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Deconstructing the Mind$
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Stephen P. Stich

Print publication date: 1999

Print ISBN-13: 9780195126662

Published to Oxford Scholarship Online: November 2003

DOI: 10.1093/0195126661.001.0001

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Intentionality and Naturalism

Intentionality and Naturalism

Chapter:
(p.168) Chapter 5 Intentionality and Naturalism
Source:
Deconstructing the Mind
Author(s):

Stephen P. Stich (Contributor Webpage)

Stephen Laurence (Contributor Webpage)

Publisher:
Oxford University Press
DOI:10.1093/0195126661.003.0005

Intentional irrealism is the view that nothing in the world instantiates intentional properties. If intentional irrealism is true, then there are no beliefs, desires or other intentional states. And that, according to Jerry Fodor, would be “the greatest intellectual catastrophe in the history of our species.” With considerable plausibility, Fodor also claims that the deepest motivation for intentional irrealism is the suspicion that “the intentional can’t be naturalized.” This chapter considers a number of accounts of what is required to “naturalize the intentional.” On some of these accounts, it is indeed plausible that the intentional cannot be naturalized, but nothing catastrophic would follow. On other accounts, it might well be catastrophic if the intentional cannot be “naturalized,” but on these accounts, there is no reason to believe that the intentional cannot be naturalized. Among the accounts of “naturalizing” considered are those that require conceptual analysis, those that require the existence of a scientifically discoverable essential property (or natural kind), and those that require supervenience on some set of nonintentional properties.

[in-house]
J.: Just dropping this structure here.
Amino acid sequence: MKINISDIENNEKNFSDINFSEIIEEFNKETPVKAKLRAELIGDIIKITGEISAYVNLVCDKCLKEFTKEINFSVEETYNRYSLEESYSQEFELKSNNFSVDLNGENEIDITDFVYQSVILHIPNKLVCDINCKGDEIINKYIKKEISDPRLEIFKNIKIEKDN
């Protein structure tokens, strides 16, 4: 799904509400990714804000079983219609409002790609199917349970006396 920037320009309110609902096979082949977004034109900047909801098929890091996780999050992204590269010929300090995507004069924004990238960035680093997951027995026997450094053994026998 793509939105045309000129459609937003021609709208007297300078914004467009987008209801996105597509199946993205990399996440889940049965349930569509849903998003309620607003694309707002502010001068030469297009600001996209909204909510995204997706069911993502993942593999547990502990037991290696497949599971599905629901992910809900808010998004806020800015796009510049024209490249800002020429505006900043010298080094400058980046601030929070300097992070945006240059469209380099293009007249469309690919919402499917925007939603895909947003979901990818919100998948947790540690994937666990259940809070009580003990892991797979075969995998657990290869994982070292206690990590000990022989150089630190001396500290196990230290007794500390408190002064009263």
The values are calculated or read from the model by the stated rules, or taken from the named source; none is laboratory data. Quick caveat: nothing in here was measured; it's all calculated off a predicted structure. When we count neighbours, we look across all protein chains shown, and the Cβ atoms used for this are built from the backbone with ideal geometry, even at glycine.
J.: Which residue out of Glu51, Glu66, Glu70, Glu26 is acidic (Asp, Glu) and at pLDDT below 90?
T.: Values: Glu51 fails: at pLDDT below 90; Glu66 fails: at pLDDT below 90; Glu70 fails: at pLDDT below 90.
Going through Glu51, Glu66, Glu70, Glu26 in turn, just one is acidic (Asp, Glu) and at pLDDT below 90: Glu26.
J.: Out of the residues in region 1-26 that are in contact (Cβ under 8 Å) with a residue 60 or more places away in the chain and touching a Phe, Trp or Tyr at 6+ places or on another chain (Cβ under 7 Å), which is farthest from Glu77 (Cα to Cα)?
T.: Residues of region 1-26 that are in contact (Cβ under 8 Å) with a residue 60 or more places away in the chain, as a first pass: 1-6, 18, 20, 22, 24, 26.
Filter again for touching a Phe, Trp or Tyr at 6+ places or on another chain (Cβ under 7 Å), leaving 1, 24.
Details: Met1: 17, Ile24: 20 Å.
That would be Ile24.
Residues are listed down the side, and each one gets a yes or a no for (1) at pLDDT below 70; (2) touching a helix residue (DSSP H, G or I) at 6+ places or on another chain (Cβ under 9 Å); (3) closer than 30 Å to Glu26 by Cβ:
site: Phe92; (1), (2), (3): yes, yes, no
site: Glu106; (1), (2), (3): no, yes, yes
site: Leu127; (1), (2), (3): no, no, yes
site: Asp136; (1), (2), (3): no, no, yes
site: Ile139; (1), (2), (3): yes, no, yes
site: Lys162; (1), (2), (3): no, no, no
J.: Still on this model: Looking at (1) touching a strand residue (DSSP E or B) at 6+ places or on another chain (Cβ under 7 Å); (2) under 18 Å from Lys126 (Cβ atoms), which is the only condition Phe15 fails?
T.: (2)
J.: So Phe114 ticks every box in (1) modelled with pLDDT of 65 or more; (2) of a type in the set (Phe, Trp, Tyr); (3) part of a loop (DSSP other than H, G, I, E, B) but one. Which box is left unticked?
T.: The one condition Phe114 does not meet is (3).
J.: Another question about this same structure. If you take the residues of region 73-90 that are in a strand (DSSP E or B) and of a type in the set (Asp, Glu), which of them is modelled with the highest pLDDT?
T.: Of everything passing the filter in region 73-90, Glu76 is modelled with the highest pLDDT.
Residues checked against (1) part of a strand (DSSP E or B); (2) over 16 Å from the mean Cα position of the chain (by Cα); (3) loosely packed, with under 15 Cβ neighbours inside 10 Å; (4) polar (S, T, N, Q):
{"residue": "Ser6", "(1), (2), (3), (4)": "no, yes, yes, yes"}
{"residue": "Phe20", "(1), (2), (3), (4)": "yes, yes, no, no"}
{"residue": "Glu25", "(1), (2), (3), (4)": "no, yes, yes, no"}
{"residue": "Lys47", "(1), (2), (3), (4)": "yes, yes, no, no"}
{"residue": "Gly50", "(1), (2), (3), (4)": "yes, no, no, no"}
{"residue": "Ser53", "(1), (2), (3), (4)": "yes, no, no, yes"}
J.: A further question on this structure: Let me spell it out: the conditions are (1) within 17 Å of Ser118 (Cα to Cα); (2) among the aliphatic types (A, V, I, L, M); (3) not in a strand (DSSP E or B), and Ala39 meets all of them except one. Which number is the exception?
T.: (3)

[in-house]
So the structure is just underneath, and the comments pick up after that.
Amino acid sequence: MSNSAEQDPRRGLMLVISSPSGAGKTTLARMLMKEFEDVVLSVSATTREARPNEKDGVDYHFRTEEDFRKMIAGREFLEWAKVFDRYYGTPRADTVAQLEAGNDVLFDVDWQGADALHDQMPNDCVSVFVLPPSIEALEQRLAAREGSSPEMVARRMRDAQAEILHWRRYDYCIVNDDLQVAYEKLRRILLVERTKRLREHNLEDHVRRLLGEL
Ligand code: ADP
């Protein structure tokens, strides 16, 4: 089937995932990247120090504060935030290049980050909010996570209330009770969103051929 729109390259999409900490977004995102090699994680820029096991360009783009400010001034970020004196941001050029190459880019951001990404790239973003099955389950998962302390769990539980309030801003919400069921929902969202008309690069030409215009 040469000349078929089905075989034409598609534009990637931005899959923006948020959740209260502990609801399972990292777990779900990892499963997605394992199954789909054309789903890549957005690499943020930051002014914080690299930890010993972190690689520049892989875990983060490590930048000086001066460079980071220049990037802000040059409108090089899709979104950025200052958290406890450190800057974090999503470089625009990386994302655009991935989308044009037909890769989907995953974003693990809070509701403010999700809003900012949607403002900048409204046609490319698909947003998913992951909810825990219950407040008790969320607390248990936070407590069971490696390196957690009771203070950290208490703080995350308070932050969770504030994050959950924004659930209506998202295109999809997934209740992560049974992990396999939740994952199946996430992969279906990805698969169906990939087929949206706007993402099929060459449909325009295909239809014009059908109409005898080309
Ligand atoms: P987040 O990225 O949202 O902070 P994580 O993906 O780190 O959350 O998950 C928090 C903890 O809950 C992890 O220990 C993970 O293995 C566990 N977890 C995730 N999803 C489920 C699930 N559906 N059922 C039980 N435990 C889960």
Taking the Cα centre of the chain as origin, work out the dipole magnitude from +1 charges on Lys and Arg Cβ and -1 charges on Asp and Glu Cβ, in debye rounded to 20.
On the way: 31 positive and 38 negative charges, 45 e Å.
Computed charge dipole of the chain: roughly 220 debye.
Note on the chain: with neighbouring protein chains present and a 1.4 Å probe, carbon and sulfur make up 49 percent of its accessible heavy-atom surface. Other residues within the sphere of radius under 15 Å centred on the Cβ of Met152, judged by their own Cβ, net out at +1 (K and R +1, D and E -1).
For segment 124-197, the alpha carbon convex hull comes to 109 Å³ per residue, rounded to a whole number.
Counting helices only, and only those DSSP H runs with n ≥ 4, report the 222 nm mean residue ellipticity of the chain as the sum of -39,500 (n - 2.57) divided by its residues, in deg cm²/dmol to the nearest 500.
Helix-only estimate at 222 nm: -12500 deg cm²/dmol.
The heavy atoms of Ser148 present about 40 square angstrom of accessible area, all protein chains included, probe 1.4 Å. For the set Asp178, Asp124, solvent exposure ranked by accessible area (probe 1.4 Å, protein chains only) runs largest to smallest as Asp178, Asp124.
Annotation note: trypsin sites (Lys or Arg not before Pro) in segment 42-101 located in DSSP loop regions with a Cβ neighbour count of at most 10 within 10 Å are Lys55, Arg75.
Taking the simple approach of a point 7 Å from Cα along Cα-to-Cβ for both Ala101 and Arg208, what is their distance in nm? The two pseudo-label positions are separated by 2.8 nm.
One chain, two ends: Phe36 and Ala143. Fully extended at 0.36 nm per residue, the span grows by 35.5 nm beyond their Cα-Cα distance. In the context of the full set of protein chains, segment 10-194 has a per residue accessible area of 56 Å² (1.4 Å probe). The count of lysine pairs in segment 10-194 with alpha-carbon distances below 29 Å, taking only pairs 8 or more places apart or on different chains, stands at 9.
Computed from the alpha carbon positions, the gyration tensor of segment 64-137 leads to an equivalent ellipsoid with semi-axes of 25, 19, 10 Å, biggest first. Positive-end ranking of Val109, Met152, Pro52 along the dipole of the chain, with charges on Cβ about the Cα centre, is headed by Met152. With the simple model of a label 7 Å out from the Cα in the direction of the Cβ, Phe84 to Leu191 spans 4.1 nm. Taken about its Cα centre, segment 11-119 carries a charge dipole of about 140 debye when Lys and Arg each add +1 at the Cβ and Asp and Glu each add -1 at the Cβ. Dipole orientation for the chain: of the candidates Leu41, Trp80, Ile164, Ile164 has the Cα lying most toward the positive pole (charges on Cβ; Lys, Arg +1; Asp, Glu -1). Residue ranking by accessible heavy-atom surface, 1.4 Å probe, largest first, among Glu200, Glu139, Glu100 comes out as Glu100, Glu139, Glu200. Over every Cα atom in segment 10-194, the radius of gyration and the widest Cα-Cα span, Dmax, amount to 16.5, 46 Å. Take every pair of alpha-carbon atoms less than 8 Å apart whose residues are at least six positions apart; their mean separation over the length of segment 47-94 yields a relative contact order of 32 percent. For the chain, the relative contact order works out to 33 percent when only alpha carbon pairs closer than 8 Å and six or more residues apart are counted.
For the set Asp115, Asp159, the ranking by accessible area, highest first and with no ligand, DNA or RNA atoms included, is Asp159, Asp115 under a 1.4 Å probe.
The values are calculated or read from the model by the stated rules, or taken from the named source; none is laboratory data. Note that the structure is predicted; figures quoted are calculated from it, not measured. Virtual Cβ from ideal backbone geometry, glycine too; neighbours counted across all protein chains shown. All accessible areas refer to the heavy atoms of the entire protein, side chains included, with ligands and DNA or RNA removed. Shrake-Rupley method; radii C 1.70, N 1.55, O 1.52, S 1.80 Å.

Keywords:   conceptual analysis, essential property, Jerry Fodor, intentional property, natural kind, naturalizing, supervenience

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